This study involved a retrospective review of the medical records of consecutive patients with idiopathic CSC, who were examined at the Kyung Hee University Hospital, Seoul, Korea, from December 2006 to April 2012. This study was approved by the Institutional Review Board Committee of Kyung Hee University Hospital. This research adhered to the tenets of the Declaration of Helsinki. All patients diagnosed with idiopathic CSC during the period were analyzed. The idiopathic CSC was diagnosed when serous detachment of the neurosensory retina, including the macula, was confirmed by SD-OCT, leakage at the RPE level was shown in fluorescein angiography (FA), and choroidal hyperpermeability was noted in indocyanine green angiography (ICGA). The subjects included were those with symptoms for CSC involving the macular area. Patients with neovascular maculopathy such as age-related macular degeneration, polypoidal choroidal vasculopathy, idiopathic choroidal neovascularization, or retinal vascular diseases were excluded from the study. Patients with intraocular inflammation, optic disk pit, or posterior segmental tumor were excluded. Patients who had undergone laser photocoagulation or photodynamic therapy for CSC were excluded from the study. Eyes with bilateral involvement were analyzed individually.

All patients underwent a complete ophthalmologic examination including best-corrected visual acuity (BCVA), slit-lamp biomicroscopy, fundus photography, FA, ICGA, SD-OCT, and FAF imaging. Best-corrected visual acuity was measured with the standard Snellen chart at 6 m and converted into the logarithm of the minimum angle of resolution visual acuity for statistical analysis.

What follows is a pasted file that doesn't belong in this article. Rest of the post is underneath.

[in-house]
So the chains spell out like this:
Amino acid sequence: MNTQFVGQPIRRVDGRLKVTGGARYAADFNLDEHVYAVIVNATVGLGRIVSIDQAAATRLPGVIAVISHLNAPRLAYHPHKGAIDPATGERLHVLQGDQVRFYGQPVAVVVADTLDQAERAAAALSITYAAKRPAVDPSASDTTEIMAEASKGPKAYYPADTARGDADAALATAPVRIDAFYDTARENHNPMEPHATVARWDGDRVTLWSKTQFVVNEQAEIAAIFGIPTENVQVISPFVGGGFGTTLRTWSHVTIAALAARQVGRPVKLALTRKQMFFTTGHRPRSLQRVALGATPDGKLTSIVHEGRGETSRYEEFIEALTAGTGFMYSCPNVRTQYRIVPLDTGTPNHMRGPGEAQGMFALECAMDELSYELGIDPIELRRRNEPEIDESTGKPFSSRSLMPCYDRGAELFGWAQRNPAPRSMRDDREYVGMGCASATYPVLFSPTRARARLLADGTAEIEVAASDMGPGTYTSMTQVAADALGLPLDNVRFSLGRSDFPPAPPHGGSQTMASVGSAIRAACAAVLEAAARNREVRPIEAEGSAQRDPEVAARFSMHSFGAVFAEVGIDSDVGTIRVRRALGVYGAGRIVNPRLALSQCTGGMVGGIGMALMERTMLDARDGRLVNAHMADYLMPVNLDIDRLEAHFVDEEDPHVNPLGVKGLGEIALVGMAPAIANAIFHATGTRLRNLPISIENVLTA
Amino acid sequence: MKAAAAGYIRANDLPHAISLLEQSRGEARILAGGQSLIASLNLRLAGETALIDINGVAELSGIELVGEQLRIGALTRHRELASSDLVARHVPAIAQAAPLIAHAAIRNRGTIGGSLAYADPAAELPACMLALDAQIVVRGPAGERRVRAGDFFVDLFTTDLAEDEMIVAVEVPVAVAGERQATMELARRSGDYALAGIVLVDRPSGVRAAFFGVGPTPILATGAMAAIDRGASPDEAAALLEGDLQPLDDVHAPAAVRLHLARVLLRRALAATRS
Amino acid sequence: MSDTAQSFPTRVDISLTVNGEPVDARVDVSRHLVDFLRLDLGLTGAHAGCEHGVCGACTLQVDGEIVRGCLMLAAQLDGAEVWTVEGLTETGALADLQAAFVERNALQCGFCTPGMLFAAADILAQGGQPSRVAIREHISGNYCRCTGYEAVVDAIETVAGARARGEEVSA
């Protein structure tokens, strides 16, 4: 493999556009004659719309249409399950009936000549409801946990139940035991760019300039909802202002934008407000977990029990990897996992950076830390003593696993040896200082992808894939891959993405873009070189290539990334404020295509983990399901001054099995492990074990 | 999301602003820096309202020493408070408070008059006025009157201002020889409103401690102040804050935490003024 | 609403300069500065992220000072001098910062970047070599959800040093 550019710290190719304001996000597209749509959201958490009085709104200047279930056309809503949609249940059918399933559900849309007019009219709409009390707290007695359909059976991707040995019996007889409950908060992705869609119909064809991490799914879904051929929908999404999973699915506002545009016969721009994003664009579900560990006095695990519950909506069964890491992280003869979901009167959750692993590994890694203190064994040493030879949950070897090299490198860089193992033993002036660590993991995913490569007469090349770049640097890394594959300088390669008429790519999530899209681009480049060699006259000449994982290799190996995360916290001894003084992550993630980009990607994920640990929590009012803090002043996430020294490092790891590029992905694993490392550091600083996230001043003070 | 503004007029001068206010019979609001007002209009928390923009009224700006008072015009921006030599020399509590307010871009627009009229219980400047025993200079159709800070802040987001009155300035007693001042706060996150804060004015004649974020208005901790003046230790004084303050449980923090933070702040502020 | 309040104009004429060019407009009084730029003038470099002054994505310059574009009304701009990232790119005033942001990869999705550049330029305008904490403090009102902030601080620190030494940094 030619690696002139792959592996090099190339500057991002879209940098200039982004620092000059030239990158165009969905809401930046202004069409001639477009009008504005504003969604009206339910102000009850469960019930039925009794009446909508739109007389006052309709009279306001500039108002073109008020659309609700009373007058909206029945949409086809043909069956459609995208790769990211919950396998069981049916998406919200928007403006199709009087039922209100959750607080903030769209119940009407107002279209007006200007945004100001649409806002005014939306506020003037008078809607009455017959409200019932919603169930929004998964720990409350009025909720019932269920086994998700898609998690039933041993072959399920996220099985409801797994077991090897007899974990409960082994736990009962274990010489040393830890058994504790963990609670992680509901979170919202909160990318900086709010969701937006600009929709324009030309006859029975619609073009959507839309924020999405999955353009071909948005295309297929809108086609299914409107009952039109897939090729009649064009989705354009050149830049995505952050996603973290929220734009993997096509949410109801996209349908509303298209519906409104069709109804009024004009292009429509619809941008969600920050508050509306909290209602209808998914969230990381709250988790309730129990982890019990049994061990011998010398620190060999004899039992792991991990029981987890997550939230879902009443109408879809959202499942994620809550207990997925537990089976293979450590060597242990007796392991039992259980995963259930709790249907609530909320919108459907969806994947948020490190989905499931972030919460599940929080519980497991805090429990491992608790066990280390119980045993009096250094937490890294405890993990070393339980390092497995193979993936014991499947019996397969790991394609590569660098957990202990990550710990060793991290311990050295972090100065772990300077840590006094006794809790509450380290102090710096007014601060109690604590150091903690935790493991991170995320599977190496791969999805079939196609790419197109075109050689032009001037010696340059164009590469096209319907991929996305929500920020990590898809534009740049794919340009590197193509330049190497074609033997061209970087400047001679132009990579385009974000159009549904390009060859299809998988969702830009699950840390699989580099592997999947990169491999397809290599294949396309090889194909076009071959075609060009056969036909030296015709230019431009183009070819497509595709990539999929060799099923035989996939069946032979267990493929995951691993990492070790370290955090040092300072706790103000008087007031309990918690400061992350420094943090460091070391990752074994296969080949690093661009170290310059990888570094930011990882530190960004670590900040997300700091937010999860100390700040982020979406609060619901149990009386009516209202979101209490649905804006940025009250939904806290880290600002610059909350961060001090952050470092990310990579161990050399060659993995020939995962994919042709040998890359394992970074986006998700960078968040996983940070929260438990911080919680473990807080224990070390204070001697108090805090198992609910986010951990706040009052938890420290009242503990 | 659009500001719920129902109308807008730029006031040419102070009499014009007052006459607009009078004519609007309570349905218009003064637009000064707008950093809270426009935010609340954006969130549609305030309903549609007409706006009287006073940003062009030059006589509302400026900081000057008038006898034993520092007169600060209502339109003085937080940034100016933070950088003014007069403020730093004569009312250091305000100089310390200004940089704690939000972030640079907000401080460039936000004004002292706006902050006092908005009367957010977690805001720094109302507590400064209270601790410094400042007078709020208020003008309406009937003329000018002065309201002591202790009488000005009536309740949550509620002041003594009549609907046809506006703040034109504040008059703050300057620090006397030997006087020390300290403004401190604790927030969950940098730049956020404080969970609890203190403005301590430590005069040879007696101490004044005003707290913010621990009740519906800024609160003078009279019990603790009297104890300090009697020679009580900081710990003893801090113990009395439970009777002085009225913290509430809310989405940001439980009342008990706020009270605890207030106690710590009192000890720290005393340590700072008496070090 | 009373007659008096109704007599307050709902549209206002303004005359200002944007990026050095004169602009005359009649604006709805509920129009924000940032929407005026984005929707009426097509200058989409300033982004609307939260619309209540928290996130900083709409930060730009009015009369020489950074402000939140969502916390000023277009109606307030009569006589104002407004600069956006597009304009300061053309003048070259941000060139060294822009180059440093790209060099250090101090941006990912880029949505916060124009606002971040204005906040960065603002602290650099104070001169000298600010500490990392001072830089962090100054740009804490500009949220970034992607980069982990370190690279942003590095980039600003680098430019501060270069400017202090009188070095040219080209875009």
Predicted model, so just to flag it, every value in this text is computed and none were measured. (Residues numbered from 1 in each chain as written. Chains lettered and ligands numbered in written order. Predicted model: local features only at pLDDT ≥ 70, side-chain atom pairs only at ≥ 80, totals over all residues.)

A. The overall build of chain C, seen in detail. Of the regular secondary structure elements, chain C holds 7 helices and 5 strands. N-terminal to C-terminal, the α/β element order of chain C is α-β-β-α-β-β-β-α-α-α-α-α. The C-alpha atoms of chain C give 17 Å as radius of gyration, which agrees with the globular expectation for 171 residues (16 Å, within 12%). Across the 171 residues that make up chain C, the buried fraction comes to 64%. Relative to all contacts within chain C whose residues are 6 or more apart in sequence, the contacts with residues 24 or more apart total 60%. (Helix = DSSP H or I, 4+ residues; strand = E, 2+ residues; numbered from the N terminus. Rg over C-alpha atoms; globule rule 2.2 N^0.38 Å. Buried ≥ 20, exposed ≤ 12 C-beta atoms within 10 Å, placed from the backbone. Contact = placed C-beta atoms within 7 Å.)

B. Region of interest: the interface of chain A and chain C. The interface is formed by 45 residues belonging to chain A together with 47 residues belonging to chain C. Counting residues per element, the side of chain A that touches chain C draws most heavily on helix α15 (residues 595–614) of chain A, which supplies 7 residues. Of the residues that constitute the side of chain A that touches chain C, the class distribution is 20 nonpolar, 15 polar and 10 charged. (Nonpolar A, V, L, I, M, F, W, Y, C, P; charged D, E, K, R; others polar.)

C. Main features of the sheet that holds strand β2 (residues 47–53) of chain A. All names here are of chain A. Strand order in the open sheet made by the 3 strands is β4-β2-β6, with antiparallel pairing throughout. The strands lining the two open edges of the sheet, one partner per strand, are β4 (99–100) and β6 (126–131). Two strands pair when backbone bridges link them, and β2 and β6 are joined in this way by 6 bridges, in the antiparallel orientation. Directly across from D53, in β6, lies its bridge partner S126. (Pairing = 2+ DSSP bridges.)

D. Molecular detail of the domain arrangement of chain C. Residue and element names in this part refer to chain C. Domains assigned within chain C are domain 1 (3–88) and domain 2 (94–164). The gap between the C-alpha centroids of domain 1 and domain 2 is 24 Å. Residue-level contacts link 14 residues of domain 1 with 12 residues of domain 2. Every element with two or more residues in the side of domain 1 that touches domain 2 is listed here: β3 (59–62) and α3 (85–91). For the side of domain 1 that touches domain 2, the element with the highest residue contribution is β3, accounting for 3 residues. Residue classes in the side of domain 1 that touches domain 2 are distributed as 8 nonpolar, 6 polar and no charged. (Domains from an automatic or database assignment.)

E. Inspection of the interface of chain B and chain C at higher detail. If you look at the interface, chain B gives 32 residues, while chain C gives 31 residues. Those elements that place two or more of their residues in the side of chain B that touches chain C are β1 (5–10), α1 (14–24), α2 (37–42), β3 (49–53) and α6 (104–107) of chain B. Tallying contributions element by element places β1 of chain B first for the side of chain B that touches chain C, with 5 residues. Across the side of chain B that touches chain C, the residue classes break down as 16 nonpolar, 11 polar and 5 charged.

A confocal scanning laser ophthalmoscope (cSLO, Heidelberg Retina Angiograph 2 system; Heidelberg Engineering, Heidelberg, Germany), combined with SD-OCT (SPECTRALIS HRA + OCT; Heidelberg Engineering) was used to acquire simultaneous imaging of the retinal morphology and FAF. Retinal fluorescence was excited by 488-nm pulsed blue laser light and detected with a barrier filter at 500 nm.

An abnormal FAF was defined as either an increased or decreased FAF signal when compared with the normal background FAF, outside of such lesions.35 We classified FAF imaging into five patterns as blocked AF, mottled AF, hyper AF, hyper/hypo AF, or descending tract. A pattern was defined as blocked FAF if there were no changes or uniform changes in decreased autofluorescence where subretinal fluids (SRFs) existed (Figure 1); mottled FAF showed a grainy or coarse region of increased FAF when compared with the normal surrounding background fluorescence (Figure 2); hyper FAF showed an increased FAF signal when compared with that outside the lesion (referred to as normal FAF) (Figure 3); hyper/hypo FAF was characterized by a mixed form of hyperautofluorescence and hypoautofluorescence (Figure 4); and descending tract exhibited a downward leading swathe of decreased autofluorescence originating from the posterior pole to extend below the level of the inferior arcade (Figure 5).27 To assess the interobserver variability for this novel FAF classification, two independent retinal specialists, E.S.K. and S.-Y.Y., classified FAF images along the predominant FAF pattern at the posterior pole. The analysis was repeated after 1 week to determine intraobserver variability.